Galilean Moon Events | 15 Aug 2021

The four largest moons of Jupiter are Io, Europa, Ganymede, and Callisto. First seen by Galileo Galilei in December 1609 or January 1610, he described them as satellites in orbit of Jupiter in March 1610. They are easily seen near the planet using a simple telescope or a steadied pair of binoculars. They are currently well placed with Jupiter in the evening sky to the southeast soon after sunset.

Imagine being high above Jupiter looking down at the planet and the four moons. Desktop planetarium software is very helpful here. In this view, Jupiter is centered. The Sun is far to the left off-screen. The moons are labeled in each of their orbits. The fastest is Io closest to Jupiter. Callisto is the slowest. Three of the moon have shadow lines drawn in orange. Play the video and watch their movements. The shadows cast by each of those three moons are intercepted by Jupiter. The software speeded up the rate many times.

What would this event look like for viewers on Earth? Earth would be located far off-screen to the left toward the Sun. Could we see the shadows cast by the moons upon the cloud tops of Jupiter? Again, software can simulate the view accurately. The answer is yes. Earthlings with powerful amateur telescopes are capable of seeing the shadows.

Play the video and watch for several things in this simulation. The first is Callisto casting its shadow on Jupiter. Over the course of several hours, it moves across the entire face of the planet. Next, Ganymede and Europa approach from the left. At 24 sec in the video, both of their shadows are cast. Also, Callisto’s shadow moves off the planet and the moon Io disappears into the shadow of Jupiter just off the right limb of the planet.

Watch at the 30 sec time how Europa is occulted by Ganymede. Both shadows are still visible but they become one briefly at the 32 sec mark. Finally, at 38 sec, both moons and their shadows are off to the right. Did you notice how Io emerged to the left of Jupiter in the distance? You might need to view both of these videos a few times.

On 15 August 2021, the moons were actually positioned as in my simulation above for viewers in the western Pacific region. Christopher Go of Cebu City, Philippines, captured images that night. He was fortunate to enjoy clear sky conditions for the duration of these events. His images are posted on his site. Scroll down his page until you reach August 15, 2021. The Astronomy Picture of the Day APOD highlighted his work.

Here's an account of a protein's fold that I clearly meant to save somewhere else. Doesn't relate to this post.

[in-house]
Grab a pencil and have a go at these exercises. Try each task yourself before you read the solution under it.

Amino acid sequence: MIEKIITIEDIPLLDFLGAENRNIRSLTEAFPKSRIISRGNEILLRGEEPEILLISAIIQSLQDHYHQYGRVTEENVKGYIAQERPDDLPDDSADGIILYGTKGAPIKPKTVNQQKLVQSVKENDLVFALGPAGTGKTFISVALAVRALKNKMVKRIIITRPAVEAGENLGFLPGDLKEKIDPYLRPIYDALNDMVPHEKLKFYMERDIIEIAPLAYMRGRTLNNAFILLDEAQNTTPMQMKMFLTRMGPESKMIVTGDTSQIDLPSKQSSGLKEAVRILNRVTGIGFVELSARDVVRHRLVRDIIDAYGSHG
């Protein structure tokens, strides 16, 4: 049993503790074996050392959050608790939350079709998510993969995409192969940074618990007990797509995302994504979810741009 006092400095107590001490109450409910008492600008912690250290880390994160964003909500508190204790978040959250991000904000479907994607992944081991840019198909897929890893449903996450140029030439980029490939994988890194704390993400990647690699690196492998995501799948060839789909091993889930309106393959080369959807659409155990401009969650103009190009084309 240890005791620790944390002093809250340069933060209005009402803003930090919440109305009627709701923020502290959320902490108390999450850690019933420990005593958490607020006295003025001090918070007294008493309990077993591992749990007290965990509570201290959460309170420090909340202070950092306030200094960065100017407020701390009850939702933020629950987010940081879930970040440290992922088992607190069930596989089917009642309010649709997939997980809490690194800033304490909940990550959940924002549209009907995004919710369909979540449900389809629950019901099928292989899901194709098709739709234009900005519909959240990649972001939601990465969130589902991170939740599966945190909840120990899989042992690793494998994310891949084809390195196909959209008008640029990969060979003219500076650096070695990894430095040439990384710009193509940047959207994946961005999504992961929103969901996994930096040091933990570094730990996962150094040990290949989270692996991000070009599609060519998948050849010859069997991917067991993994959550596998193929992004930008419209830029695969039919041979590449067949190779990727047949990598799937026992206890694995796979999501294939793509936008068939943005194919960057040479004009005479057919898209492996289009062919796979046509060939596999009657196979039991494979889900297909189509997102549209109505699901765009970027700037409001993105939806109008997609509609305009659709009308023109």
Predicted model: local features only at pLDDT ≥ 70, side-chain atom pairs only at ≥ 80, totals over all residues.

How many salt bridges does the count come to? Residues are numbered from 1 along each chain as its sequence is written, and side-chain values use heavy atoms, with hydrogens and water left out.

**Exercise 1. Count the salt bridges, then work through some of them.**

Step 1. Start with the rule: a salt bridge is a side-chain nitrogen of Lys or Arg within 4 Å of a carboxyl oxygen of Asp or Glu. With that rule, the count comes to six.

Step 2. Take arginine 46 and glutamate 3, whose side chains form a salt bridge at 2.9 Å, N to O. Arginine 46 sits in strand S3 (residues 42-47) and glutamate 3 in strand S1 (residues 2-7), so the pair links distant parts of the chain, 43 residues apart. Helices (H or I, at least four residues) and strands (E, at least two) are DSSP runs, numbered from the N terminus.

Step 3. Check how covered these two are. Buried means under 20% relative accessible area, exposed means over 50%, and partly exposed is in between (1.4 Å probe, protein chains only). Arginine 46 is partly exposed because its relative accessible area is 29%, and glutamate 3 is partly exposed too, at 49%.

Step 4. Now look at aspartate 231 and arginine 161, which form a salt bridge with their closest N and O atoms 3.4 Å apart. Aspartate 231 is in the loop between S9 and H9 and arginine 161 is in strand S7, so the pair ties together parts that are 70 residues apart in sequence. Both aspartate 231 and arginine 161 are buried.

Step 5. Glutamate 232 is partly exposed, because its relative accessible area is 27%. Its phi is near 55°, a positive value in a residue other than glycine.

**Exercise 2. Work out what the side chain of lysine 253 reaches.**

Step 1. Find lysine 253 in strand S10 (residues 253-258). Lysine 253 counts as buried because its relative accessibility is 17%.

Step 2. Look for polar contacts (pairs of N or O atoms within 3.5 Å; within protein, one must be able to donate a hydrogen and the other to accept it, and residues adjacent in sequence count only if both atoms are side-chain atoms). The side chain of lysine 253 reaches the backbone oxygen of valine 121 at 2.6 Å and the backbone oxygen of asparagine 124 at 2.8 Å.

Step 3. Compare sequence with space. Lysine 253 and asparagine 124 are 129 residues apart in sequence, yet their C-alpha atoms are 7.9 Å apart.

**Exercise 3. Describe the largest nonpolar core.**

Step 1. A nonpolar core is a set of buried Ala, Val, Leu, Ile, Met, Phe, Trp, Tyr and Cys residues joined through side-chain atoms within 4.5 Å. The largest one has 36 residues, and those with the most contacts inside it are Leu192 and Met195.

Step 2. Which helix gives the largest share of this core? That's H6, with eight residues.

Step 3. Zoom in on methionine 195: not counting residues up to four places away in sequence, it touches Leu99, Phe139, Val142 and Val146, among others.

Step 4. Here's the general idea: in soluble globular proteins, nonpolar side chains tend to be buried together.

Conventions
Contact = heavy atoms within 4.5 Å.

13 thoughts on “Galilean Moon Events | 15 Aug 2021

    • I was out about 10 pm to look at Jupiter in the telescope. The moon was near so I focused on it. The brightness ruined my night vision. It filled my whole eyepiece view.

  1. Astronomy is fascinating. I was driving home from Shenandoah last night after dark. It’s been a long time since I’ve had a good look at the moon but there it was, hanging in my windshield like a giant reddish saucer just to the right of my rear view mirror. I’m assuming some of the smoke in the upper atmosphere might be responsible for the tint. Nevertheless it was awesome.

    • I was out about 10 pm to look at Jupiter in the telescope. The moon was near so I focused on it. The brightness ruined my night vision. It filled my whole eyepiece view.

  2. Very cool videos! A smart man like Galileo was able to deduce a lot of never before known science from the eyepiece of his telescope. Some of it even got him into a little trouble. Take care. Say Hi to Melanie.

  3. GREAT POST! Your posts always fascinate me and the videos are AWESOME! How neat it would be if Earth had more than one moon. How would that change our seasons and how we look at “signs of the moon” as far as agriculture (gardening) is concerned. Just think of how the almanacs would be different. Thanks for sharing.

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